Lakers/Suns: A Recap and Links Hybrid

Phillip Barnett —  January 6, 2011
Barry Gossage/NBAE via Getty Images

Barry Gossage/NBAE via Getty Images

For the third straight time this season, the road team came away with a victory in the Lakers/Suns season series. And for the second straight game, the Lakers come away with a victory, with a 99-95 victory over the Phoenix Suns.

Last night’s game was a little reminiscent of the Lakers of last season. The Forum Blue and Gold didn’t get out to a scorching start, but midway through the first quarter, the Lakers went on a quite impressive 16-0 run, with the offense moving the ball beautifully and the defense rotating like the top-5 defense that led them to the title last season. However, the starting group headed to the bench, and watched while the reserves let a 12-point lead turn into a new ball game when Jared Dudley tied the game at 44 with his second of three 3-pointers of the second quarter. The Suns would go on to take a one-point lead on the back of Dudley’s 19 points.

Coming out of the half, Kobe became more aggressive on the offensive end. As explained by Silver Screen and Roll’s Dexter Fishmore:

What proved crucial was a stretch at the beginning of the third period, when Kobe, after a strong but reserved first half, became more forceful at the offensive end. In the first six possessions he collected eight points and an assist. This turned a one-point halftime deficit into a six-point cushion that the Suns spent the rest of the night struggling and ultimately failing to overcome. For the third quarter as a whole, in which the Lakers scored a scrumptious 1.41 points per trip, Kobe scored 12 on six shots and handed out three dimes. Who’s killing who now?

Gasol, who didn’t have his best night offensively, did dish out six assists and grab nine of the Lakers 47 rebounds. There were five Lakers who grabbed at least five rebounds, forcing Alvin Gentry to go with lineups that the Suns weren’t accustomed to having on the floor to combat the Lakers size, Valley of the Suns Michael Schwartz explains:

he biggest reason the Suns lost this one is that they got crushed on the boards once again, this time by a 47-31 margin. That’s despite the Suns starting a front line of Robin Lopez and Marcin Gortat, but Lopez was once again ineffective with two points and one board and poor defense against Andrew Bynum.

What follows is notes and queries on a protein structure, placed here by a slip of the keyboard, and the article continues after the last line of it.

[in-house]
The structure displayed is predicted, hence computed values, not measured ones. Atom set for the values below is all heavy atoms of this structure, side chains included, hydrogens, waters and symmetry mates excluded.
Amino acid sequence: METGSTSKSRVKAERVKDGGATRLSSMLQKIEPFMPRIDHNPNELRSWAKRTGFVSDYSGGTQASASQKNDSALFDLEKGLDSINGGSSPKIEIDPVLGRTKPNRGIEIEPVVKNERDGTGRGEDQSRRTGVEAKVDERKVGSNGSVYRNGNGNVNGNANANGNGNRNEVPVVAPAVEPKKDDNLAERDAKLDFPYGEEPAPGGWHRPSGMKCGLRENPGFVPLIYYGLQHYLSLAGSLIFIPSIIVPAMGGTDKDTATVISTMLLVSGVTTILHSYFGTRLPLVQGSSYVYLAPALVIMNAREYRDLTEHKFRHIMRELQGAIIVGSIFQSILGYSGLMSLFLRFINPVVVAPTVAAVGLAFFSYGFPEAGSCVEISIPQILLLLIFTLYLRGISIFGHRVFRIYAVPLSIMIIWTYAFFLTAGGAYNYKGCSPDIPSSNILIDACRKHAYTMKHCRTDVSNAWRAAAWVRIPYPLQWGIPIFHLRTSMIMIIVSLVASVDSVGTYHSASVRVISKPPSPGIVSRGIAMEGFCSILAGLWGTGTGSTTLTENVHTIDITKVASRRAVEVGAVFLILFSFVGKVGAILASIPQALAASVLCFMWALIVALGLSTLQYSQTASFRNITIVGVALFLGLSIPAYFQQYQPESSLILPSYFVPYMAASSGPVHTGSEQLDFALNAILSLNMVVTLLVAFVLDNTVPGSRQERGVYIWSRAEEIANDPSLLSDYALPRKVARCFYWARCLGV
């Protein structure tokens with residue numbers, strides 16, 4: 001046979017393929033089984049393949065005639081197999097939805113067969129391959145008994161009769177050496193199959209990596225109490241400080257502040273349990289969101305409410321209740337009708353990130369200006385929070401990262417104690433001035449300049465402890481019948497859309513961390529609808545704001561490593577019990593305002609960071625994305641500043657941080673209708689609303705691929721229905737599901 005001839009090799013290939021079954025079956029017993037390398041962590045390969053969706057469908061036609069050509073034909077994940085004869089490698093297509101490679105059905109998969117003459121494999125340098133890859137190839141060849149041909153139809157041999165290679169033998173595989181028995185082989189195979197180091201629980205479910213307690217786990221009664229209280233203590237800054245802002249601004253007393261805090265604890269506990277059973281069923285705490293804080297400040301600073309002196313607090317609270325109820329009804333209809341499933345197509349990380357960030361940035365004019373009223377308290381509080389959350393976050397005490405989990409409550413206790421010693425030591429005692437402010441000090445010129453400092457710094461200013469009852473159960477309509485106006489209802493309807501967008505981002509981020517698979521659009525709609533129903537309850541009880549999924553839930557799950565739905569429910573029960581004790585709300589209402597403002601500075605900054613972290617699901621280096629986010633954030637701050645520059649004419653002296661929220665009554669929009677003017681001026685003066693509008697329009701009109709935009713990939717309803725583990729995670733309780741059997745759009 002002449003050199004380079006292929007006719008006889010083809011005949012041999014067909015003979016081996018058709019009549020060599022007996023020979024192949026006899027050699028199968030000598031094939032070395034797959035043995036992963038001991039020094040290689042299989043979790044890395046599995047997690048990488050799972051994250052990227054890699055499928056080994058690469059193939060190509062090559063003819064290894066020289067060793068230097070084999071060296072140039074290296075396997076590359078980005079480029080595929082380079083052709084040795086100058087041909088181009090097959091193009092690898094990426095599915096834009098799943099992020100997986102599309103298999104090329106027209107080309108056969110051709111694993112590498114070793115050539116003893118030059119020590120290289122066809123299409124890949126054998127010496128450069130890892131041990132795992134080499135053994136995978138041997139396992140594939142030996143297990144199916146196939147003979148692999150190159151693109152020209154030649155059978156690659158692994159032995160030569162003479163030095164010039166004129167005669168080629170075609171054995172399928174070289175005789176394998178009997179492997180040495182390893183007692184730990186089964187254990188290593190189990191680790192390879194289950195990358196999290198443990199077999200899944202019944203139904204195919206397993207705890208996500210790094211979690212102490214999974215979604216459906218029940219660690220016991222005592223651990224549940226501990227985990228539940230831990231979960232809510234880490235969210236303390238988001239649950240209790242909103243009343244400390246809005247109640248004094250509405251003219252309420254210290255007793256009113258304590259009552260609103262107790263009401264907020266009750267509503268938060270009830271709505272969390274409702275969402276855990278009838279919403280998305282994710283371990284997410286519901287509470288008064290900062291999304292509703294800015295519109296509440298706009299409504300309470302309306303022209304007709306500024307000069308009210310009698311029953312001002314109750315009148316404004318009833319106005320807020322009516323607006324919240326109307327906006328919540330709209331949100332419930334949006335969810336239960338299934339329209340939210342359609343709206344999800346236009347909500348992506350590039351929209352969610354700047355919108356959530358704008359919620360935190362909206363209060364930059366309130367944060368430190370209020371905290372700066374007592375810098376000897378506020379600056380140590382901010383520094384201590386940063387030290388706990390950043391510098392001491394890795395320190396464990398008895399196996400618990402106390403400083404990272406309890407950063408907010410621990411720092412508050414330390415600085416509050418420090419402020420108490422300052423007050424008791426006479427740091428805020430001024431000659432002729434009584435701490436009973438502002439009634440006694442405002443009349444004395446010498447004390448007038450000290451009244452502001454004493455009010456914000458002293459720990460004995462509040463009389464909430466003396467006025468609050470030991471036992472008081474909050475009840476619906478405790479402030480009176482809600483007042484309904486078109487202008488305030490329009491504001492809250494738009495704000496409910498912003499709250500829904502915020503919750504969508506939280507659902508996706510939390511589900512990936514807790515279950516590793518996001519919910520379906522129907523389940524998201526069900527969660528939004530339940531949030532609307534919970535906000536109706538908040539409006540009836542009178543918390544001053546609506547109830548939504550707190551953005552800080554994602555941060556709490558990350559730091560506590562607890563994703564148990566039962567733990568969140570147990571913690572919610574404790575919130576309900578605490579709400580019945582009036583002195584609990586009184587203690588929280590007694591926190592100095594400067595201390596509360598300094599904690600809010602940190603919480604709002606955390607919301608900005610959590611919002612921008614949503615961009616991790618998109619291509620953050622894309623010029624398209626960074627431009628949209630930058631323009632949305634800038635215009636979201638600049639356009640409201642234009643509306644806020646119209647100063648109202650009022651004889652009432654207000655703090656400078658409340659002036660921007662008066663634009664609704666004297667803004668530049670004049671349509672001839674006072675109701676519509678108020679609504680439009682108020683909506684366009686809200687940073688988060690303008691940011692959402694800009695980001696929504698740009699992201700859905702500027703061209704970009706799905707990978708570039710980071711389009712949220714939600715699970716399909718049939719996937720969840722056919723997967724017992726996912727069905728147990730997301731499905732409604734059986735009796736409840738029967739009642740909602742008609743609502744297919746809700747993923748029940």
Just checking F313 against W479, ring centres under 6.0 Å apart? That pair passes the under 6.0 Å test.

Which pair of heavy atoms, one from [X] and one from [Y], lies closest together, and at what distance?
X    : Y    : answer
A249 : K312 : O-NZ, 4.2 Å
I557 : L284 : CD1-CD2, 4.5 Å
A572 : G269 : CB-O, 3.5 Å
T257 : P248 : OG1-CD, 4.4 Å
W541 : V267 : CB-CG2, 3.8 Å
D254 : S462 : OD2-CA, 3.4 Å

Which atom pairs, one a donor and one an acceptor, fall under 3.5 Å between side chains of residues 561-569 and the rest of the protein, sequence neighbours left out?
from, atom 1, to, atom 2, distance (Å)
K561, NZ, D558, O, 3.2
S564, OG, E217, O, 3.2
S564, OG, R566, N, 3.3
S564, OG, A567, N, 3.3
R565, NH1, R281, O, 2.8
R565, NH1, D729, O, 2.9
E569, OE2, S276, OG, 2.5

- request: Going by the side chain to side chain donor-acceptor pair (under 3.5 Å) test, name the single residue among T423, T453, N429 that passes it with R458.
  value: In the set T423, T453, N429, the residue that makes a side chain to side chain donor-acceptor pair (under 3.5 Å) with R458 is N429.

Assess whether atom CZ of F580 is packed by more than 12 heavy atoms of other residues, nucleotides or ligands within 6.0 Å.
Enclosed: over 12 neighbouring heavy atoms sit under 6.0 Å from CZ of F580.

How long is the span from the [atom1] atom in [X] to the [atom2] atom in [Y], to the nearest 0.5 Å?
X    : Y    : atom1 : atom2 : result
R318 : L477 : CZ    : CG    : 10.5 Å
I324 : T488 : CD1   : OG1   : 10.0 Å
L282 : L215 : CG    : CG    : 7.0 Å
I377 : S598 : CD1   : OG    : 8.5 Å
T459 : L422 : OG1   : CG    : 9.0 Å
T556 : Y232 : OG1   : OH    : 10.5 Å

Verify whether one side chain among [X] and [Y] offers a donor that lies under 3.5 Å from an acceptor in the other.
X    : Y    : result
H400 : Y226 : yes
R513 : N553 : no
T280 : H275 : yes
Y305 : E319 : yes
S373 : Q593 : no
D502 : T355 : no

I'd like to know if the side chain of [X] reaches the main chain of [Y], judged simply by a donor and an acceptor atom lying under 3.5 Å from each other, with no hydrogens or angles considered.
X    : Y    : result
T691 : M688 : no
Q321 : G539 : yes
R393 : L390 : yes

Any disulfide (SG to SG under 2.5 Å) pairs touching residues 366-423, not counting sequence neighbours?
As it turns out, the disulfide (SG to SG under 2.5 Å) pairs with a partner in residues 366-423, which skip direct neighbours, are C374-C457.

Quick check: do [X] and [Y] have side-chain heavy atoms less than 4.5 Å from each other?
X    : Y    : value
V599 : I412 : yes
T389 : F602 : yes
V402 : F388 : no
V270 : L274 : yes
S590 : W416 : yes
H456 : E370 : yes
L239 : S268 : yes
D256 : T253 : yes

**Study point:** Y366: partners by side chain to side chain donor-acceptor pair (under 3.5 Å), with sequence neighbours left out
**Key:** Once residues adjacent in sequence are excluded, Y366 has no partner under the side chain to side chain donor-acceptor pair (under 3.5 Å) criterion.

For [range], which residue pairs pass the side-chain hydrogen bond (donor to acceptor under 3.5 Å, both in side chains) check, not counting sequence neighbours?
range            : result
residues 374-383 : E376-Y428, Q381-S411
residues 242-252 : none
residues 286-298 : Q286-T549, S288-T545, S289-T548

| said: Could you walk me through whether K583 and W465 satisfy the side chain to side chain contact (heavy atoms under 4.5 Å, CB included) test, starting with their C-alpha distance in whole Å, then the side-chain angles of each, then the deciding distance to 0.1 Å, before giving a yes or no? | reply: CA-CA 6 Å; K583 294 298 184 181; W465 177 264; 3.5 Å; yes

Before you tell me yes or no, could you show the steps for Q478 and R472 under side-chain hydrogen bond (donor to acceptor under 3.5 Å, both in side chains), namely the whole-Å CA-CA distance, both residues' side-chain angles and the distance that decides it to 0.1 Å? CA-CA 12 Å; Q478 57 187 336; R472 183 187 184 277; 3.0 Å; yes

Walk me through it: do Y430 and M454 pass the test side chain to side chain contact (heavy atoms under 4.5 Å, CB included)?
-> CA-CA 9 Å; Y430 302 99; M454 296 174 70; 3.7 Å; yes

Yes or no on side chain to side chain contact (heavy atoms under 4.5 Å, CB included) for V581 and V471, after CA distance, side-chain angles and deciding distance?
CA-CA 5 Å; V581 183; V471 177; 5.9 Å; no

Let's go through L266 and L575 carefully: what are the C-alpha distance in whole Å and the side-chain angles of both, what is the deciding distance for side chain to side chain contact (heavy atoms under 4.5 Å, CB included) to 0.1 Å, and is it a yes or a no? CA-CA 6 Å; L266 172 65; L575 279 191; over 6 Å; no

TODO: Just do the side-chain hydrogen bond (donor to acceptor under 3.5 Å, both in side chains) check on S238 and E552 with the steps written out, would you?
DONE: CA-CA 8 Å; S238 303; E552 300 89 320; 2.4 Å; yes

Gentry was pleased with his twin towers, but they inherently ruined the spacing on offense (aside from the fact Gortat isn’t used to playing the four and wasn’t always in the right spot) and their defense/rebounding didn’t make up for it. When asked about this lineup, Steve Nash said it was necessary to combat the Lakers’ size but he doesn’t expect it to become a Suns staple.

However, in Laker like fashion, they allowed the Suns to stick around. The Suns moved to a zone defense in the fourth quarter, slowing down the offense that had scored 1.4 points per possession during the third quarter. The ball movement that was witnessed during earlier quarters disappeared allowing the Suns to slowly chip away at the Lakers lead. With 2:24 left in the game, Vince Carter knocked down a three to cut the Lakers lead to one — but that was as close as they would get.

After Shannon Brown’s free throws extended the Laker lead back to three, Vince Carter missed a shot, giving the Lakers the opportunity to attack the Suns defense before they set their zone, allowing Kobe to find a wide open Ron Artest in the corner for a game-icing three. Land O’ Lakers’ Brian Kamenetzky explains the play:

His biggest moment, though, came with ninety seconds left in the game and the Lakers up three, when Bryant found a wide open- take-a-moment-to-tweet-your-peeps-and-ask-them-if-you-should-shoot wide open- Artest set up behind the arc in the left corner. To say the Suns conceded the shot would be an understatement. I swear I heard them quintuple dog dare him to fire away. Artest hesitated, saw nobody was going to contest the shot, gathered, and rose (by Artestian standards) for the jumper. Bucket.

A couple things to note, here: First, Artest hit a huge shot late in the game, something he badly needs for his confidence. Second, that he was even on the floor to have the opportunity was a positive, because it hasn’t been the case throughout the year.

I’m not calling Artest “back,” but the last two nights- more comfortable on offense, some signs of life on the other end- have seen steps in the right direction.

With :41 seconds left to play, Channing Frye knocked down the Suns’ 11th three pointer of the night (a far cry from the 22 they made at Staples in November), cutting the Lakers lead to four. Kobe missed a 17-footer on their next possession, leading to Vince Carter taking a three pointer on the right wing to potentially cut the lead to one with 10 seconds left. However, Pau rotated beautifully and blocked the attempt, thus closing the Lakers’ second victory in Phoenix this season.

The Lakers play New Orleans on Friday and play the Knicks on Sunday.

Phillip Barnett

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